There are more than 42,000 confirmed cases of the coronavirus and more than 4,300 deaths in the United Kingdomaccording to Johns Hopkins virus tracking information.

US cases top 300,000 as death toll passes 8,000

Update 4:56 p.m. EDT April 4: More than 300,000 people have tested positive for the coronavirus in the U.S. as deaths surpassed 8,000 on Saturday afternoon, The New York Times reported.

Health officials believe the number of infected is much higher.

President Donald Trump said at the Saturday coronavirus task force news conference that “there will be a lot of death” in the coming week, CNN reported.

There are more than 113,000 coronavirus cases and 3,500 deaths in New York state.

Worldwide, more than 1.1 million people have tested positive for the coronavirus and 59,000 people have died.

CDC to begin testing for antibodies

Update 3:08 p.m. EDT April 4: Officials with the Centers for Disease Control and Prevention said they have begun testing to learn whether people have been previously infected with the coronavirus, The New York Times reported.

The serology tests detect antibodies that the immune system makes in response to the virus, the newspaper reported. Joe Bresee, deputy incident manager of the agency’s COVID-19 response, said testing will focus on people in areas with a high concentration of cases; people in a representative sample of other areas and special groups of people who are likely to have had a higher risk of being exposed to the virus, the Times reported.

The CDC also announced it expanded its online information about the coronavirus, adding a weekly report that will include figures on outpatient and emergency department visits, hospitalizations, deaths and data on testing, according to the Times.

Astros pitcher Justin Verlander donating paychecks

Update 2:11 p.m. EDT April 4: Houston Astros pitcher Justin Verlander posted a video, including his wife, Kate Upton, on his Instagram page and said he will donate his major league baseball paychecks to different organizations.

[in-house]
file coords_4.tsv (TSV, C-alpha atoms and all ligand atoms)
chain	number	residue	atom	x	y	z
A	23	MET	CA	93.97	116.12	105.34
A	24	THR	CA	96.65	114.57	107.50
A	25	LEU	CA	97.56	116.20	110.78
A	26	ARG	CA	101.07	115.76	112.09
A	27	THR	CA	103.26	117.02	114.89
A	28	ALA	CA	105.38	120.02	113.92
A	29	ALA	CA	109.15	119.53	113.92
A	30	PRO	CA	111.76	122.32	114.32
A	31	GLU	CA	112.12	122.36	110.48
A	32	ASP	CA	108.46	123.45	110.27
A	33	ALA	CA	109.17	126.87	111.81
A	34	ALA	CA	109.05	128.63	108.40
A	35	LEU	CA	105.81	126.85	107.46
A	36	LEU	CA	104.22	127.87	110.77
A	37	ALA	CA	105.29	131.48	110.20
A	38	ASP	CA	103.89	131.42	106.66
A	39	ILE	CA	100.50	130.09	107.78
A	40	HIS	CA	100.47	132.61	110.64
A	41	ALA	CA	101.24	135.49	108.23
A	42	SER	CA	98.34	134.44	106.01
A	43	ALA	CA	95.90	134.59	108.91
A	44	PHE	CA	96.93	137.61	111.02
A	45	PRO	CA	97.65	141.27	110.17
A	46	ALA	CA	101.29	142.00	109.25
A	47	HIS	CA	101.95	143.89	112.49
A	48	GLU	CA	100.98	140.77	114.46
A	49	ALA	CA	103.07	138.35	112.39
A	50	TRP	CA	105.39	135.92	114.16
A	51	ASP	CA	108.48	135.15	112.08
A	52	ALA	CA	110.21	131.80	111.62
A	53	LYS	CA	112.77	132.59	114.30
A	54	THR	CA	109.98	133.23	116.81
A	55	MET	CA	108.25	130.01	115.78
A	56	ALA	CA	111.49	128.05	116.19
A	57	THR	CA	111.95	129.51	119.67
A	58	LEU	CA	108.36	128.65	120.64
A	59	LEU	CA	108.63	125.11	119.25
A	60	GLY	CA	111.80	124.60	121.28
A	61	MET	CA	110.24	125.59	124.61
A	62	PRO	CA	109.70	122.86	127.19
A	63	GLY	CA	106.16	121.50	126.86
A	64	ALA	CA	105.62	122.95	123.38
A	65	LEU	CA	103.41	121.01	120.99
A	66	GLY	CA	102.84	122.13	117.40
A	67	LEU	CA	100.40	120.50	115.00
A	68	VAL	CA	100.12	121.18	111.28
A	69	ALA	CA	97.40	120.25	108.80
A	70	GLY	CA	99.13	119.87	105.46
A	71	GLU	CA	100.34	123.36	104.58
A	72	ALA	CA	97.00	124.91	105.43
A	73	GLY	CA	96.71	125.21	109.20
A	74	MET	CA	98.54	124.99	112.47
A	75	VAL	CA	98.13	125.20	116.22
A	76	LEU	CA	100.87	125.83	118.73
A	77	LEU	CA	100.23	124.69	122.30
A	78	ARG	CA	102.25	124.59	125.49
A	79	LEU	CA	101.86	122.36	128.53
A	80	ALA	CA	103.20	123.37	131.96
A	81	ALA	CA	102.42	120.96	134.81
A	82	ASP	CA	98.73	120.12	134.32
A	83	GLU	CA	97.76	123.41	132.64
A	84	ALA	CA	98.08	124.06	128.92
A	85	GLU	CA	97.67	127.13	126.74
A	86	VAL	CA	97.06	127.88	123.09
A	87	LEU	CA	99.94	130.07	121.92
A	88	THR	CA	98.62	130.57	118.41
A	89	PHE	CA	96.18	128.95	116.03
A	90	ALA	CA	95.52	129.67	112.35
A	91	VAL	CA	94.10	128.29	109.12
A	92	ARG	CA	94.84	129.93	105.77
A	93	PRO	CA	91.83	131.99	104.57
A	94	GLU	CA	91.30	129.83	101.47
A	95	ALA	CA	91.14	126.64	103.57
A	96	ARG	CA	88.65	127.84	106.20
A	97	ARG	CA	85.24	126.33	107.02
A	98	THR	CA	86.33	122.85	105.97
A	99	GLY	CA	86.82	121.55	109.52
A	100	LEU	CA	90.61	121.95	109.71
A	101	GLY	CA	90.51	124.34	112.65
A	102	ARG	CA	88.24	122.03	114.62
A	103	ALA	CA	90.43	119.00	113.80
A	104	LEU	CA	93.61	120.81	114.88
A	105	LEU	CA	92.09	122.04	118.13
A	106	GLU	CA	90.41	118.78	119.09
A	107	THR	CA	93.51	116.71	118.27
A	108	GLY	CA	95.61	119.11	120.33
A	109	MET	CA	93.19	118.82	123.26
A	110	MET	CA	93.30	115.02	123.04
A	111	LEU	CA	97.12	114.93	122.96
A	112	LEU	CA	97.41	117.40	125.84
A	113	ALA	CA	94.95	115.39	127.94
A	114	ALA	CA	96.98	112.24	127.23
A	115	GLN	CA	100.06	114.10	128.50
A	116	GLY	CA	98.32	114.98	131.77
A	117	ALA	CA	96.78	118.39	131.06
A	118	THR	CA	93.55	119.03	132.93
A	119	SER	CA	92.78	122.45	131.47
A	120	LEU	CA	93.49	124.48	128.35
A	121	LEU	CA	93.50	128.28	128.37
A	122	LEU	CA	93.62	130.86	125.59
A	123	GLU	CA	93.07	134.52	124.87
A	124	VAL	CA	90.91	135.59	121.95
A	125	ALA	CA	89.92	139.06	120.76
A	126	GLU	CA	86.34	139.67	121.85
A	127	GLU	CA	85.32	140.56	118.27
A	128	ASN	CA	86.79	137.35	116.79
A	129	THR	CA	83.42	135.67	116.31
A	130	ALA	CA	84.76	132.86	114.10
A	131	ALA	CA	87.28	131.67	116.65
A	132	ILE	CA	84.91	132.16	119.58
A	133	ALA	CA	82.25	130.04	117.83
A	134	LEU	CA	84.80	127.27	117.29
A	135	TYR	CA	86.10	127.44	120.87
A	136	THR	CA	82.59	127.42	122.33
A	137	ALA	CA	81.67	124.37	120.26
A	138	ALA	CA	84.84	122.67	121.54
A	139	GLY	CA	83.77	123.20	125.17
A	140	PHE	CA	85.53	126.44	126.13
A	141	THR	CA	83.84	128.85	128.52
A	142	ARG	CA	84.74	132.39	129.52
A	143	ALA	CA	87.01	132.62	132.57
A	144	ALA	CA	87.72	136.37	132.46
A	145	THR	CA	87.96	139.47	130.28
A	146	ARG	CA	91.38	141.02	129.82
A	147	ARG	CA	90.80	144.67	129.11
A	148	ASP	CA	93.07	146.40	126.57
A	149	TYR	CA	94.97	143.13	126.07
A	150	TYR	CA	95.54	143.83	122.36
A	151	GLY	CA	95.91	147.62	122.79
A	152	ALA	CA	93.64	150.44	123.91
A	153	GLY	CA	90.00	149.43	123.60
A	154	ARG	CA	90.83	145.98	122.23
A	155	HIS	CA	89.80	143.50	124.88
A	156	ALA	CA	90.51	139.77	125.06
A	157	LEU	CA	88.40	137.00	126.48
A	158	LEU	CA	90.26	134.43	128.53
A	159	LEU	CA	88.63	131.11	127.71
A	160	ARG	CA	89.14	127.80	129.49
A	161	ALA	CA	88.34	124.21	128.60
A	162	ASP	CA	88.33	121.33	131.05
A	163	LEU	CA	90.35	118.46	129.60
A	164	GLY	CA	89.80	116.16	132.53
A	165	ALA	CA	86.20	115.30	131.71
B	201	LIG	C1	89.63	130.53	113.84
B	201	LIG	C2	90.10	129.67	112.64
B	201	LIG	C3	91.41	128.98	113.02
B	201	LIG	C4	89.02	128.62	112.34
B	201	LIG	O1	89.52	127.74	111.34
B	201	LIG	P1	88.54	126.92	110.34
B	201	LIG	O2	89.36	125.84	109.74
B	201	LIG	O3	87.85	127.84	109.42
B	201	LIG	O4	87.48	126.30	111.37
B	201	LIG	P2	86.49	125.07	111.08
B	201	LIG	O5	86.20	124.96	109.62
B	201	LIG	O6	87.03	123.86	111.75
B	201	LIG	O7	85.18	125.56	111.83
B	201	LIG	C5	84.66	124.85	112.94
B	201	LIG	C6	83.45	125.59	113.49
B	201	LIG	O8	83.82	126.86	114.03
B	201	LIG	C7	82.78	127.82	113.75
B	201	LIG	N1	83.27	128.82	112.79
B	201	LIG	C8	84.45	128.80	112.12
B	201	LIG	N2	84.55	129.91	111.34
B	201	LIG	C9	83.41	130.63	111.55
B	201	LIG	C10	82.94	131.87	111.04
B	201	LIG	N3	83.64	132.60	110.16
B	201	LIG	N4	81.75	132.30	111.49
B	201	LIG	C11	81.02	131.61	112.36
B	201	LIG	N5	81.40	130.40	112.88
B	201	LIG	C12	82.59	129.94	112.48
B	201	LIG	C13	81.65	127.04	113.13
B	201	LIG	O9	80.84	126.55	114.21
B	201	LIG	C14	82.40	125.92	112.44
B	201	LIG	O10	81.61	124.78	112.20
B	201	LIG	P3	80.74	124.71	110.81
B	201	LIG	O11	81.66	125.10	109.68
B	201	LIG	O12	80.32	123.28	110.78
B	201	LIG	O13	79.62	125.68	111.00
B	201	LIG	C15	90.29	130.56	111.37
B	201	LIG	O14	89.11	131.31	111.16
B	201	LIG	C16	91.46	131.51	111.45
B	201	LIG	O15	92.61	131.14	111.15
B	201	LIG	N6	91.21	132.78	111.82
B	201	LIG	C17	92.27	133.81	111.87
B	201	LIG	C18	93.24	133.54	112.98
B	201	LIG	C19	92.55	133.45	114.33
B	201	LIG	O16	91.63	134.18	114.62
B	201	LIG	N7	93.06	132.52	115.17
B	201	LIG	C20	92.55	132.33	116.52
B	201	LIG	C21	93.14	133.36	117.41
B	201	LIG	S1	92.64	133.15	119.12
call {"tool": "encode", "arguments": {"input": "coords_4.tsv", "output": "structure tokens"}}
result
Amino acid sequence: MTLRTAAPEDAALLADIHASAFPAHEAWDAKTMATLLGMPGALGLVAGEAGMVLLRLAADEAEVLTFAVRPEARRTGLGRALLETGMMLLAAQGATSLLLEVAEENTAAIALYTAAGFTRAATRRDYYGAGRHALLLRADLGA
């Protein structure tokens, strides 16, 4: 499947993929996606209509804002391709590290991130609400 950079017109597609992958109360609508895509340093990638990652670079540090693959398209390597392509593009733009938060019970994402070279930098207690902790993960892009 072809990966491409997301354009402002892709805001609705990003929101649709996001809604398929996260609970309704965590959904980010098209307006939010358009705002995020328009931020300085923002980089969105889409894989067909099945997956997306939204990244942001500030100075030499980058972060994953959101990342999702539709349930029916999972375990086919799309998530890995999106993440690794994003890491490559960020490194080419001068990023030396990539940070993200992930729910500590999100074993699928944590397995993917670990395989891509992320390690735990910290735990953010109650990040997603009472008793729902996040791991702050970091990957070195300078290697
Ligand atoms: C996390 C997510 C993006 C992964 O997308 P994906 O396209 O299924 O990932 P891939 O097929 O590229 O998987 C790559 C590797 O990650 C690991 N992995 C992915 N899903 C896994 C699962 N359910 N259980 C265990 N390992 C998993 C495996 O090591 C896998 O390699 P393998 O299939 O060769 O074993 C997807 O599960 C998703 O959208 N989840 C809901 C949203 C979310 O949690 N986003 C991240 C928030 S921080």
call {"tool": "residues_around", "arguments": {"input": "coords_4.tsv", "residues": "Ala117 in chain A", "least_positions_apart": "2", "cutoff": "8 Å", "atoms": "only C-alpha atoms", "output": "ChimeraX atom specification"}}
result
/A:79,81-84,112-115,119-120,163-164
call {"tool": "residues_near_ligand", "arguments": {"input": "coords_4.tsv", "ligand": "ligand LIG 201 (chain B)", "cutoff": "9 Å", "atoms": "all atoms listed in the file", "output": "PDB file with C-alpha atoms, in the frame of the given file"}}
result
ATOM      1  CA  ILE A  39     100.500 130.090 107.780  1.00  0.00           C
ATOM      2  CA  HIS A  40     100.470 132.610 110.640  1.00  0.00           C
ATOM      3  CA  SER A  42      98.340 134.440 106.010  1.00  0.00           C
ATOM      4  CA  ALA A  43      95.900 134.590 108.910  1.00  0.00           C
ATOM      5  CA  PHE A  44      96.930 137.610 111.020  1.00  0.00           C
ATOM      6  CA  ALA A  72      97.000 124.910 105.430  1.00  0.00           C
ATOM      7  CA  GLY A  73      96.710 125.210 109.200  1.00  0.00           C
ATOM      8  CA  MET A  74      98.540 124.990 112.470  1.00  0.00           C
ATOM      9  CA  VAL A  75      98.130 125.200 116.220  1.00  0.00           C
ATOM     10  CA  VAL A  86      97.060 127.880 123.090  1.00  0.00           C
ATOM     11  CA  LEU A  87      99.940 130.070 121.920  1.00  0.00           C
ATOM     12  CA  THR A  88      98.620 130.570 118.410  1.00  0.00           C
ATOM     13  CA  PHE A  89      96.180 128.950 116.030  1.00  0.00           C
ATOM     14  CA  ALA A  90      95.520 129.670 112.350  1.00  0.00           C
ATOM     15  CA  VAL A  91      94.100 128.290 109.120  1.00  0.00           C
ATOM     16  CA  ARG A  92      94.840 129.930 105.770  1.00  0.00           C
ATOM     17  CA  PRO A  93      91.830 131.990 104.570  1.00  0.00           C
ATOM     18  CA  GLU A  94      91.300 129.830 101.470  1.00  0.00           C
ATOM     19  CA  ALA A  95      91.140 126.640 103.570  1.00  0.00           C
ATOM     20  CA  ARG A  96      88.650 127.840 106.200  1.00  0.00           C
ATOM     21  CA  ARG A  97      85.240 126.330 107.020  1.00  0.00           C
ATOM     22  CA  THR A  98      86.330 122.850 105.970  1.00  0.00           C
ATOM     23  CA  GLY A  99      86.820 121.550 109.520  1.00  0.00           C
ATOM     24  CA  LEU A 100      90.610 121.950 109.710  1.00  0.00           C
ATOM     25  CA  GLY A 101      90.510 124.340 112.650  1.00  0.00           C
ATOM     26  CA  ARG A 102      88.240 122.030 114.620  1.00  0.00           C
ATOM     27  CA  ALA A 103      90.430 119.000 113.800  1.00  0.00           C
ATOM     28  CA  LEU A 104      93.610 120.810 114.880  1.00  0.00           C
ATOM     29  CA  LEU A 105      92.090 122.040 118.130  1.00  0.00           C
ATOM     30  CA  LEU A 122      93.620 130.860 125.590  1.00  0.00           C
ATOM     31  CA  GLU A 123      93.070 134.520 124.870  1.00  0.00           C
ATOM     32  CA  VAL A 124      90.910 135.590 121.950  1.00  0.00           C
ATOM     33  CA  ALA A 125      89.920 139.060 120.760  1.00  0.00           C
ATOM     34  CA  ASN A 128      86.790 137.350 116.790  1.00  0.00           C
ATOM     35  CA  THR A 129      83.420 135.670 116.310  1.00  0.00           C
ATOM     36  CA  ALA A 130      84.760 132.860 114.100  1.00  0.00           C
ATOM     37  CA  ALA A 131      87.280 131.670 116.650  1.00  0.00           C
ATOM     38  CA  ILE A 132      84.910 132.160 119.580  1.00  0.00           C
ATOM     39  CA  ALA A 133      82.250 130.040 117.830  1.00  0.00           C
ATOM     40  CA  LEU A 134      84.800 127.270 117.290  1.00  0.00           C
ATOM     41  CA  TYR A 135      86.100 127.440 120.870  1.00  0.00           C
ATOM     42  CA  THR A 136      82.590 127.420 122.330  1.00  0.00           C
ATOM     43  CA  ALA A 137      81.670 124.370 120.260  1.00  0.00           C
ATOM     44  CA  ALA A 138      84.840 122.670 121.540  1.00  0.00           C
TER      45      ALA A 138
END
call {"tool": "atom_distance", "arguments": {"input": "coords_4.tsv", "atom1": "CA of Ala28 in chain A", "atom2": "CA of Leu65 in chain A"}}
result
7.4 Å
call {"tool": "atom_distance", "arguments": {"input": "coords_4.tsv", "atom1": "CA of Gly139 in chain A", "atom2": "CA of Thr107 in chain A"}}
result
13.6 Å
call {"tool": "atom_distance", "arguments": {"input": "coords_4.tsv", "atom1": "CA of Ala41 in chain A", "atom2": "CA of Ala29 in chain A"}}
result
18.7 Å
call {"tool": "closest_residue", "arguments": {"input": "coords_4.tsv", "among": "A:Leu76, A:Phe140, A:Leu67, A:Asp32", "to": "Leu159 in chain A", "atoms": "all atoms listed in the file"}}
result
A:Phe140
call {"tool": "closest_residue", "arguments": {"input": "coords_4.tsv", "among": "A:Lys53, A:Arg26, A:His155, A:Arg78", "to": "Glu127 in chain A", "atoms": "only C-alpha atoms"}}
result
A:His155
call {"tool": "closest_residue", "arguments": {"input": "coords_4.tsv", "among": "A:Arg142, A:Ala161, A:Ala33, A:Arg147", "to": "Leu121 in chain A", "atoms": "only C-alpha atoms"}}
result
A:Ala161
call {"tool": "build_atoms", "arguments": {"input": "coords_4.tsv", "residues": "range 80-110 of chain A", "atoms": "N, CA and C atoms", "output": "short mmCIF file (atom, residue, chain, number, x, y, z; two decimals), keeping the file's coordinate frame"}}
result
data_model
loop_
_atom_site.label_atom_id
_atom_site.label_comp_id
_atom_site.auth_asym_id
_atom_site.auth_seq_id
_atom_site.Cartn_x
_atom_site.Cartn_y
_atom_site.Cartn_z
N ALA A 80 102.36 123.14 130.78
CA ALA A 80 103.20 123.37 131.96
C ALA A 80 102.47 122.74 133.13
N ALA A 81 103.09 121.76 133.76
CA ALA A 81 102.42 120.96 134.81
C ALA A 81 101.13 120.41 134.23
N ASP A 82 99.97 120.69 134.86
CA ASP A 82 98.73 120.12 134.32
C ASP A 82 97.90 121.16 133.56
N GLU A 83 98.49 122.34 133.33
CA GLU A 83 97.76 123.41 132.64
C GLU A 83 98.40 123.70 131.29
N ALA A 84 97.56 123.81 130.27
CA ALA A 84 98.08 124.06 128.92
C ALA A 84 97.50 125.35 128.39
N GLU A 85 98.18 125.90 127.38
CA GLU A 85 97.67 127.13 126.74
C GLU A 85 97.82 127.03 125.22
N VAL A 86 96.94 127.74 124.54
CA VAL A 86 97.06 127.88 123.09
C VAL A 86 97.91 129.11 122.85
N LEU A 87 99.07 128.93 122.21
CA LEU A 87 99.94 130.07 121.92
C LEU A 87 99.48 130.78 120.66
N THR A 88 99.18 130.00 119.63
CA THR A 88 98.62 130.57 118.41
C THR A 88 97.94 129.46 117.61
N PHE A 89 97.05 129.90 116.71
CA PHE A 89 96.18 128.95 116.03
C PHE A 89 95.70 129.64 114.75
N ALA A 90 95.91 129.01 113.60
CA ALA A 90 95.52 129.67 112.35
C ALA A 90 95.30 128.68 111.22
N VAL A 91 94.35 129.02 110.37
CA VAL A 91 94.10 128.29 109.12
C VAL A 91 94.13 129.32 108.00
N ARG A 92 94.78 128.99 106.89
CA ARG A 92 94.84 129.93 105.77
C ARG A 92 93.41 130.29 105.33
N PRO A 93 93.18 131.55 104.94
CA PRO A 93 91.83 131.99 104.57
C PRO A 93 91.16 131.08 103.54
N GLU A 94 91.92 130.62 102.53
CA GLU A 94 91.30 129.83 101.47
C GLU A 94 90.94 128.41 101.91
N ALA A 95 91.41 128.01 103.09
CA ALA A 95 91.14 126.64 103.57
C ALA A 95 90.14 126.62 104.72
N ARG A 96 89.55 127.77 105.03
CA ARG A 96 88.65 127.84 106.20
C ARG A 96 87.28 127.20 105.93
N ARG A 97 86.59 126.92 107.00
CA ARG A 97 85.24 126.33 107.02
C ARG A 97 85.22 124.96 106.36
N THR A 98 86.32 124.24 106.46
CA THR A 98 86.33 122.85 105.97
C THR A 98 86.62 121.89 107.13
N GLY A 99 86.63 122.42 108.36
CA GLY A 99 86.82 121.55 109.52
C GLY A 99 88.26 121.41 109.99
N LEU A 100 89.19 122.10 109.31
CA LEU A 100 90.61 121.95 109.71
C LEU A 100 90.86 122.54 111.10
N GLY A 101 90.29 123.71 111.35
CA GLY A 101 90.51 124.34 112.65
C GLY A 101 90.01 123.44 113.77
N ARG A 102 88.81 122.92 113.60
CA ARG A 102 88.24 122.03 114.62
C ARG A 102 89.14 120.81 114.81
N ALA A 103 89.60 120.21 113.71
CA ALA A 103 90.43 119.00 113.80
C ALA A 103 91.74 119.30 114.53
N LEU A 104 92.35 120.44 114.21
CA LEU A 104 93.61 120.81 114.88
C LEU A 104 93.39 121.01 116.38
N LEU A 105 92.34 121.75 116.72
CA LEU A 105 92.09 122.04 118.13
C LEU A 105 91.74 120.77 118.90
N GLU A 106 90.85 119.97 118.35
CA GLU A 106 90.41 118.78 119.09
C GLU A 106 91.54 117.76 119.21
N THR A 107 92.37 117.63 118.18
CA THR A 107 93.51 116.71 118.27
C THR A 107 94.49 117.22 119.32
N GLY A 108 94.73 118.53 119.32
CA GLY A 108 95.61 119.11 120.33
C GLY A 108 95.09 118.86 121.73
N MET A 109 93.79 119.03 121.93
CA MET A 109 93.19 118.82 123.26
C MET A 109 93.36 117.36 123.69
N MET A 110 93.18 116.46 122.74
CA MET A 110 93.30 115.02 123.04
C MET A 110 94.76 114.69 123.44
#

“Everyone around the world is affected by this virus, and we hope to contribute to the families and jobs affected, the healthcare workers and first responders on the front lines and the many others in need of basic necessities, medical supplies and support at home.” Verlander said in the video.

View this post on Instagram

Recently the @mlb announced they will be continuing to send paychecks to players while the season is suspended. @kateupton and I have decided to donate those funds to a different organization each week so that we can support their efforts and highlight the great work they’re doing during the COVID-19 crisis. Everyone around the world is affected by this virus, and we hope to contribute to the families and jobs affected, the healthcare workers and first responders on the front lines and the many others in need of basic necessities, medical supplies and support at home. As soon as the first paycheck is received we will be highlighting the first organization. We know everyone is impacted by this crisis, but for those who are able, we encourage you to stay home to help flatten the curve and look to those around you who need a helping hand. #covid19 #flattenthecurve

A post shared by Justin Verlander (@justinverlander) on

New York death toll tops 3,500

Update 1:44 p.m. EDT April 4:  The death toll in       New York state jumped to 3,565 on Saturday, an increase of 630 from Friday,       The New York Times reported. Confirmed cases in New York now stand at 113,704, according to       The Washington Post . There are now 290,606 confirmed cases of coronavirus in the United States and more than 7,700 fatalities.